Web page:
Whether you are a drama instructor, a stage director, a summer camp counselor, or just someone who wants to organize a fun activity, these theater games will inspire confidence and creativity.
Ice Breakers: These are ideal drama activities to help the participants get to know one another in a friendly, low-key environment. They can also provide a nice friendly warm-up for your actors before delving into more challenging improvisation exercises.
Speak Loudly and Clearly:
It doesn't do students any good to be creatively warmed-up if the audience (or the teacher) has no idea what they are saying. These enunciation exercises provide a fun way to alleviate the dreaded mumbling, mush-mouth syndrome.
Be an Ice Cream Cone:
Okay, maybe your students don't need to specifically become an ice cream cone (as the mean drama teacher mentioned in A Chorus Line demanded). However, one of the best ways to develop out-of-the-box thinking (and acting) happens when we imagine ourselves not just as other people but as a completely different species. Or even as an inanimate object. This article on Developing Non-Human Characters features activities for very young performers all the way up to adult professionals.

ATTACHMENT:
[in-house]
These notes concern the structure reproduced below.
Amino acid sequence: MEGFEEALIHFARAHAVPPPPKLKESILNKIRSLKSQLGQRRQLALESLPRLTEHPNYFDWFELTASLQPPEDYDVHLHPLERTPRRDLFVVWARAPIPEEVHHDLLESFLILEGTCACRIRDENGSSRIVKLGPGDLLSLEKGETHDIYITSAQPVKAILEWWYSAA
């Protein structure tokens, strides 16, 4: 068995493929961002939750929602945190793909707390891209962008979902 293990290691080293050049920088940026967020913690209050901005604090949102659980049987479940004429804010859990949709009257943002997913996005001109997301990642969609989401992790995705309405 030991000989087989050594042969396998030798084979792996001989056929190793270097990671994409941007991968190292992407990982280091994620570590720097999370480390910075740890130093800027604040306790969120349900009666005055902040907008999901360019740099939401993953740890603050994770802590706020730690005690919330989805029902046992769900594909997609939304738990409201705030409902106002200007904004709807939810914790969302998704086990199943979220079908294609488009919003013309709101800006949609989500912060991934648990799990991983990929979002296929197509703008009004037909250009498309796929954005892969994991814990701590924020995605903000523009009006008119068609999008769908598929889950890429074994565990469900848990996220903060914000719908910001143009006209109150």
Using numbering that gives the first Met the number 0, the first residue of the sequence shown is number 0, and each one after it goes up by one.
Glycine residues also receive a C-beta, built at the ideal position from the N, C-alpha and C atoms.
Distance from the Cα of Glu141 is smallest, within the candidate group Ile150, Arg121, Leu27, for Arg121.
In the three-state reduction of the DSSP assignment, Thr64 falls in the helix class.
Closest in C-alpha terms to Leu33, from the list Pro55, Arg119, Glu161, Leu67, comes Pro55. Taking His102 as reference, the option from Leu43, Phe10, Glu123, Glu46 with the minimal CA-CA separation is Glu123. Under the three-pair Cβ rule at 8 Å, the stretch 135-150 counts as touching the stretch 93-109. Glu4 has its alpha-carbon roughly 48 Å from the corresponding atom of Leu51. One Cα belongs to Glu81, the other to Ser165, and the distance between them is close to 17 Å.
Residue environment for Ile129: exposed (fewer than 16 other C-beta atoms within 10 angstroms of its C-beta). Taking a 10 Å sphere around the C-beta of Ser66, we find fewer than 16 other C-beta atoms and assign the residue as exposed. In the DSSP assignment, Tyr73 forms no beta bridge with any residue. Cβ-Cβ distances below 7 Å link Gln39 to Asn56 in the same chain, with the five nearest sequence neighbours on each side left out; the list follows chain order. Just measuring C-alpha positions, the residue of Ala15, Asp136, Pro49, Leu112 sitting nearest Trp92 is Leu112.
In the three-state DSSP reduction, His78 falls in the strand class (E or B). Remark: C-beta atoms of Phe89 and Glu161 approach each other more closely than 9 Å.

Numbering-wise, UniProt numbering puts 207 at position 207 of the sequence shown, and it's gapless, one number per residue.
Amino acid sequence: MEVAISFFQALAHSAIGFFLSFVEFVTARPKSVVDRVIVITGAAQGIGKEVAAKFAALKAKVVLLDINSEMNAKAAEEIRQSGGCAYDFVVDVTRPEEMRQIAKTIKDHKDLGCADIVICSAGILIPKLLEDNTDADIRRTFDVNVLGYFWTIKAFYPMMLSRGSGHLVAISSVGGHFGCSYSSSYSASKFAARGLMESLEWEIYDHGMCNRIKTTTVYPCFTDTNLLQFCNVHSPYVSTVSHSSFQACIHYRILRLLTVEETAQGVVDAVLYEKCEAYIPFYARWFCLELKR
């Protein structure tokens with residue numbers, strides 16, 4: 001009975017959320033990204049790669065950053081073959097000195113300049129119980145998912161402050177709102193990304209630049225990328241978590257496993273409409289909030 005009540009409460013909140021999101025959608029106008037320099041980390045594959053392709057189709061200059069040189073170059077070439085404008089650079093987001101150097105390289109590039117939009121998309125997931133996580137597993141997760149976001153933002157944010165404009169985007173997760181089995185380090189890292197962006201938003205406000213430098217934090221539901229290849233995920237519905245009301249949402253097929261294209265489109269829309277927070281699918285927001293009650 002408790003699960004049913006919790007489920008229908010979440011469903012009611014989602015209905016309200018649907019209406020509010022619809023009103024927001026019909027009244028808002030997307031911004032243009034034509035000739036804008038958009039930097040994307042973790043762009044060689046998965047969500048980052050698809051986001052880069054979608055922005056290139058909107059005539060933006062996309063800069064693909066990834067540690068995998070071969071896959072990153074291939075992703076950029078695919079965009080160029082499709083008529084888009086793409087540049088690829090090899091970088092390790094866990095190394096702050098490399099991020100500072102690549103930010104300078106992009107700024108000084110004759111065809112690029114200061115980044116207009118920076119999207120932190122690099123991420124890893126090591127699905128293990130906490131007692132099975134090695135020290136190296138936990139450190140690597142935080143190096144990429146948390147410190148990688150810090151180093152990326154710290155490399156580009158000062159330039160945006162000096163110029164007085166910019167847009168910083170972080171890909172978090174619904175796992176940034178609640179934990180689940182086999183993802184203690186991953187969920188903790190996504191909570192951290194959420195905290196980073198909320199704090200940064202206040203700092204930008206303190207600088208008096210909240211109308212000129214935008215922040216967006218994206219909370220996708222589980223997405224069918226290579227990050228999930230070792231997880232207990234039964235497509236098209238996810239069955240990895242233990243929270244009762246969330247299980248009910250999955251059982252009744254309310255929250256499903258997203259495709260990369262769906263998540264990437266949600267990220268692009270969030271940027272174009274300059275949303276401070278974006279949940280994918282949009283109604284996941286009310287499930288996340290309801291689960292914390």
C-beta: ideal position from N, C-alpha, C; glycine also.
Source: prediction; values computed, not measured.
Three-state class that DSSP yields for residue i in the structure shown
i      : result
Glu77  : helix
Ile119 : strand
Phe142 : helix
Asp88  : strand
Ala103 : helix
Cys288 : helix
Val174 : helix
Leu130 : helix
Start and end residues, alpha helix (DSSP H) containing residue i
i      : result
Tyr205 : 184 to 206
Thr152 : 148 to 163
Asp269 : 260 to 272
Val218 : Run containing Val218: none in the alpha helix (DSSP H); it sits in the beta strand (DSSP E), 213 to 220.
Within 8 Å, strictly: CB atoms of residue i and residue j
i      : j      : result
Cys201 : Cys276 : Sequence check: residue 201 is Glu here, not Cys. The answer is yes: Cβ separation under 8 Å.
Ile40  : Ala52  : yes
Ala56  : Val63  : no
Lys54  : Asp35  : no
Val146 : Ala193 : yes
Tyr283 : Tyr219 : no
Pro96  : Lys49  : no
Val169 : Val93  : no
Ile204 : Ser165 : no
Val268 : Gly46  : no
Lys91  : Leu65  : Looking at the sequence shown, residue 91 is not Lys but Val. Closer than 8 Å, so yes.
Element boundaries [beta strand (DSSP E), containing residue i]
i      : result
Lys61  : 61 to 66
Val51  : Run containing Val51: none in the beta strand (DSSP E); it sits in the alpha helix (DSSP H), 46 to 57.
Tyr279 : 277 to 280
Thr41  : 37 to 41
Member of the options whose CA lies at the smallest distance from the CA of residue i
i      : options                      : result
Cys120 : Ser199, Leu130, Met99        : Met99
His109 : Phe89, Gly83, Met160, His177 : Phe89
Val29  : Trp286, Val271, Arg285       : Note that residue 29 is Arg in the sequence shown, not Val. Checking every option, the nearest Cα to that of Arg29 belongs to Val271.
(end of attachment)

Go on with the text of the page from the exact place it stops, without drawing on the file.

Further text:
I Need a Location:
It seems every time I am working with novice improv members the same three locations keep coming up again and again:
- "You're at a bus stop."
- "You're at the mall."
- "You're at Disneyland."
Beginner Improv Games: Once the ice is broken and the performers are warmed up, an improvisation exercise can be a great way to develop unique characters and humorous storylines.
Here are some easy-to-learn improvisation games:
Advanced Improv Games: Not all drama activities are created equal. Some require a sharp tongue and a quick wit. If you're up for a theatrical challenge, try some of these improv games:
Academic Activities: Sometimes the stage isn't the best place to explore the Theatre. For students with noses stuck in the works of Shakespeare or Shaw, these articles offer a creative pathway to studying dramatic literature.
Welcome to Improv Country:
Now that your drama students / acting troupe / willing participants to your madness have taken on some intermediate improvisation challenges, it's time to explore the complete library of the About.com Plays/Drama Improv Games. Here you'll find anything from mini-games which take put a few minutes to play, to long-form improvs such as the Harold. Don't forget, if you have a favorite improvisation or theater exercise and it's not on our list, we'll love to add it to our collection. Visit our Plays/Drama forum and tell us all about it!